Sibling Rivalry: Truth About the Family Favorite (cont.)

Moderator: How can I avoid displaying favoritism, or at least minimize it?

Dr. Rabie-Azoory: You really have to dig into your own feelings for that. The reason why I called it favoritism -- there are a lot of people who reject that nomenclature, but it's favoritism because we fall into the pattern of favoring one child over the other. And, if you dig into your feelings you probably do like the child who is more docile, easy going and compliant. And, the more withdrawn or rebellious one is less easy to like and probably takes the disfavored position. You have to work with your feelings first and make yourself feel as much for your disfavored child as you do with the favored one. And recognize that the disfavored child's gripe and difficulty is dealing with his or her feeling of being a failure, or of holding a lesser position and status with the prime parent than the favored child. So that's the crux of their pain, and when you address that pain by giving them the respect and attention on the same level as you give to the favored child, you heal and soothe them and they come around better. So, you really have to work with yourself. It's not an easy task. But, they do come around, and when they come around, you gain more leverage because they begin to love you better. And, for the sake of loving you, they perform and behave better. It's when there's love that there is leverage developed and on that leverage the parent can start to work.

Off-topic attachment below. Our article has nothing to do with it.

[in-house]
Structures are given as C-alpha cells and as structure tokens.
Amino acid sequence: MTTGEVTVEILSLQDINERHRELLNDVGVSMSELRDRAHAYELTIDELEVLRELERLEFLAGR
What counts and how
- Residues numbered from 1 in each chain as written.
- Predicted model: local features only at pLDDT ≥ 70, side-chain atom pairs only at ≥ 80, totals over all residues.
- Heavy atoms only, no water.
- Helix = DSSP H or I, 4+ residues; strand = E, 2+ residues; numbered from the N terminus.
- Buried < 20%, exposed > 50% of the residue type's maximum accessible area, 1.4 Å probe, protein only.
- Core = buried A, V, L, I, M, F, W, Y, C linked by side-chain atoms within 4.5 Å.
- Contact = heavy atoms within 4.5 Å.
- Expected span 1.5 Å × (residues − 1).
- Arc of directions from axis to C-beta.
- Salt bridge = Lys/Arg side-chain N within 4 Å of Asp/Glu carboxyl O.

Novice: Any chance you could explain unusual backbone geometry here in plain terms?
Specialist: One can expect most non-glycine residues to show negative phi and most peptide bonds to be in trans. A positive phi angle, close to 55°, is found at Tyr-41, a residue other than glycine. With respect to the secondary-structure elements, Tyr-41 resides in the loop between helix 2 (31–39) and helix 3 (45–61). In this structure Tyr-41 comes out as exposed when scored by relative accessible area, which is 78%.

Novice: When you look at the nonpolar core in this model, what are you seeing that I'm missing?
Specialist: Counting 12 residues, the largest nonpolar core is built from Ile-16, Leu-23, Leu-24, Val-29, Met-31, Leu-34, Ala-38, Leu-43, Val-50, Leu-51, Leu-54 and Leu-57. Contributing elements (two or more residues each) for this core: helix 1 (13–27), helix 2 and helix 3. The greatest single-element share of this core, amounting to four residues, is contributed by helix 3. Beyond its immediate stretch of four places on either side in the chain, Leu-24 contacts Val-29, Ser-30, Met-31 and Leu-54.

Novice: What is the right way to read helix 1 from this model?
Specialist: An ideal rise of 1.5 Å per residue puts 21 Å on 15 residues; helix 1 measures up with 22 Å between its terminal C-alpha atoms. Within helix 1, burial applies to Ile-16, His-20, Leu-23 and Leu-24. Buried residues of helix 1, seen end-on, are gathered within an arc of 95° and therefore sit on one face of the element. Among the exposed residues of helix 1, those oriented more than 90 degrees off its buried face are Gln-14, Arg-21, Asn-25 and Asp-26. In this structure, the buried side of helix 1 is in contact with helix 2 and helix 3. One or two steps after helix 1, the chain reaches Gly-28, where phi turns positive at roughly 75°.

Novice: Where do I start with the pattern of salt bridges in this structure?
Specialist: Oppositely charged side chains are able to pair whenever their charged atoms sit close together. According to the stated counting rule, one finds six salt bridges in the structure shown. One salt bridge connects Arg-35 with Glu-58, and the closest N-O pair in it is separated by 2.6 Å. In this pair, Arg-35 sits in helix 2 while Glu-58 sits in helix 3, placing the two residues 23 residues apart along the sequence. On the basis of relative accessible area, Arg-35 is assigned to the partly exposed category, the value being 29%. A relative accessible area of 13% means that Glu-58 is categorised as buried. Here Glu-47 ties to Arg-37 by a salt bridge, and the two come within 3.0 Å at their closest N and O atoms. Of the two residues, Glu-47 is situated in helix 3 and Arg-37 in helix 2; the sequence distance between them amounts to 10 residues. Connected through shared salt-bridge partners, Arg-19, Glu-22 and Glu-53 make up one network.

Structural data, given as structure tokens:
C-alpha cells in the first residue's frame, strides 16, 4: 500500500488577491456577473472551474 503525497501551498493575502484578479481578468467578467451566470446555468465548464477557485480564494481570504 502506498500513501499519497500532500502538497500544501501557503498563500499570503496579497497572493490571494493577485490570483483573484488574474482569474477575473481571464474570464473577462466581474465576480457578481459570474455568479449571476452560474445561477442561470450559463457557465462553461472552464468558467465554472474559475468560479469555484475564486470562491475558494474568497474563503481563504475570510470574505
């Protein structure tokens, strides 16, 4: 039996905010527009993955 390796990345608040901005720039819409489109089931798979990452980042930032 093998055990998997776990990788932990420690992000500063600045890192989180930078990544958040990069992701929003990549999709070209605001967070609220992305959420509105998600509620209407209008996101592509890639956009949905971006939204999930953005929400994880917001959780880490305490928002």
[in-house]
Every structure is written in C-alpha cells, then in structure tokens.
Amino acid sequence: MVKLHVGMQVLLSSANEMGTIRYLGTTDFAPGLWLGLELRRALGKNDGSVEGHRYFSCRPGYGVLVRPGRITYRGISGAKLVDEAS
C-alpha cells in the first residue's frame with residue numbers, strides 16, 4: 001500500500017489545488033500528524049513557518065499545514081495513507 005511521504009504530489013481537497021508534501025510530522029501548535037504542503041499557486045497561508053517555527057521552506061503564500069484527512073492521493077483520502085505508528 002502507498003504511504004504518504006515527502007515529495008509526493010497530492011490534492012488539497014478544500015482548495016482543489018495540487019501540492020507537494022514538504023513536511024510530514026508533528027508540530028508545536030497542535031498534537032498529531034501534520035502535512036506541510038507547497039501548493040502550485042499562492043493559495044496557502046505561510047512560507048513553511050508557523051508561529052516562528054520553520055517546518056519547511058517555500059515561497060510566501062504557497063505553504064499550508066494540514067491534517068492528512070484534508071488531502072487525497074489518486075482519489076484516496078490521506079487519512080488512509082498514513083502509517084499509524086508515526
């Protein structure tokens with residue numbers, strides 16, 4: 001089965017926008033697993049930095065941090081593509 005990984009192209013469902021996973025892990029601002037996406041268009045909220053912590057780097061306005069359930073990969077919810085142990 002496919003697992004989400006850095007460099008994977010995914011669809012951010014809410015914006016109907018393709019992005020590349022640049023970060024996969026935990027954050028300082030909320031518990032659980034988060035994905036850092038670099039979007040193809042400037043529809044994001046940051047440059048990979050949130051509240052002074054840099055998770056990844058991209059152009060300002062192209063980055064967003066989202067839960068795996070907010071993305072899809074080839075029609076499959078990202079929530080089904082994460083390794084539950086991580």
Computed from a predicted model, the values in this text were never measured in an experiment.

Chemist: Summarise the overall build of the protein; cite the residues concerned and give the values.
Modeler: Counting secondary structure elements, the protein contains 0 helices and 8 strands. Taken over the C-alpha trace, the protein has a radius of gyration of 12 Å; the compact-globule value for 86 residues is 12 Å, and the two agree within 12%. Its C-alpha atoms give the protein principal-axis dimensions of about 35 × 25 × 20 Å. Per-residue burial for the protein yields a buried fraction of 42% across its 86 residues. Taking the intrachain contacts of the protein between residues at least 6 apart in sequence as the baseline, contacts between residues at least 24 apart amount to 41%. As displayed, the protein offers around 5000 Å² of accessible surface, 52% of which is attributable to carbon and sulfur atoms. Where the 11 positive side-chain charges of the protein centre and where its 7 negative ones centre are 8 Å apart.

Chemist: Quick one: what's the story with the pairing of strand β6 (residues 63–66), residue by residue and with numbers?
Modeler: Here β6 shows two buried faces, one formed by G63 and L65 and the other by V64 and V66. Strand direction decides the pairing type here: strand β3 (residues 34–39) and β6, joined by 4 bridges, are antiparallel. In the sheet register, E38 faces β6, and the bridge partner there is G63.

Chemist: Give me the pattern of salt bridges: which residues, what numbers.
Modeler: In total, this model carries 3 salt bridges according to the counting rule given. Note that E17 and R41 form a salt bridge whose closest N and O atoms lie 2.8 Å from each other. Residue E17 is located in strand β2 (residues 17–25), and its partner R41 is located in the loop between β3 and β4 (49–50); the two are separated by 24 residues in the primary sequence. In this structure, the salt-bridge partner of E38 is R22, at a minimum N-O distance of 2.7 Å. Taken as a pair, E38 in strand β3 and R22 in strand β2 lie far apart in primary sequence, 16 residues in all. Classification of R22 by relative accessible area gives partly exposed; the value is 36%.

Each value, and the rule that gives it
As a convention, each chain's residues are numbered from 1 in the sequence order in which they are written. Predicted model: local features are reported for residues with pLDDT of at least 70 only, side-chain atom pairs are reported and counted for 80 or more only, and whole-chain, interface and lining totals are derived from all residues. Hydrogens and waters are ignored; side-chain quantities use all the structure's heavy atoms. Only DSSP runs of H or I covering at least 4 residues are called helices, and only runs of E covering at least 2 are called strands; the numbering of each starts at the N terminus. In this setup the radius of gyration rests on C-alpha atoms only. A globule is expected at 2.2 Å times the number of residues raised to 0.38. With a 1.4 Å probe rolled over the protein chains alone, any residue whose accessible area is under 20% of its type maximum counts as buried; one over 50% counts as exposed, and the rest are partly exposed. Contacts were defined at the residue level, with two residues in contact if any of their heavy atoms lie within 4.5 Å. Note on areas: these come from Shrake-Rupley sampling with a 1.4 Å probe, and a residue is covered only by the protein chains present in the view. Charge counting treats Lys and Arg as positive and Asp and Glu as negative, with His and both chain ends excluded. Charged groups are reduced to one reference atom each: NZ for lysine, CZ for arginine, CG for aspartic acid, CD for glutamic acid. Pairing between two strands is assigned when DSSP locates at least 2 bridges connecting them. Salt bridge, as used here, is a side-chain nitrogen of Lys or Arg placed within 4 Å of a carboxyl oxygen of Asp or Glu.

Moderator: What characteristics in children are likely to make them more favored in their parents' eyes?

Dr. Rabie-Azoory: It's a circular thing, because once they feel more loved they are more relaxed and have better sense of humor, are likable to their friends and have more friends, and their teachers like them better. It's a self-fulfilling prophecy. The better they behave, the more people like them and the better they behave. They're into a mode of positive reinforcement of feelings about life and they're happy, while the other child is envious seeing that happiness, wanting to attract attention in some kind of negative way. They usually choose negative ways because the other one is behaving in positive ways, and they establish their own self identity this way from their own sibling.

Moderator: How can intelligence impact favoritism?

Dr. Rabie-Azoory: It does only insofar as the parent values intelligence. It's what we value that the children try to accommodate. Favoritism has to do with traits the child develops in themselves that please the adults. One trait may be verbal skills. If a girl, for example, has a lot of sweet talk and gentle words to use with us, that's pleasing and that's pleasant. And so, that does have to do with intelligence, but it's an encouragement in the environment also. If, on the other hand, we're pleased with a boy with a lot of mechanical abilities, that too is intelligence, but we encourage him by liking that and so he develops more and more of it. So, it's what we appreciate in intelligence. If we don't appreciate a child who is overly verbal or overly inquisitive, intrusive to our lives, asks too many questions and wants to know too much, challenges us or is mouthy is that sense, we don't like that. But, again, that's shrewdness and verbal capability, but the kind that we don't like. So, intelligence plays a role, but it could take a lot of different forms depending on how it strikes us as the parent.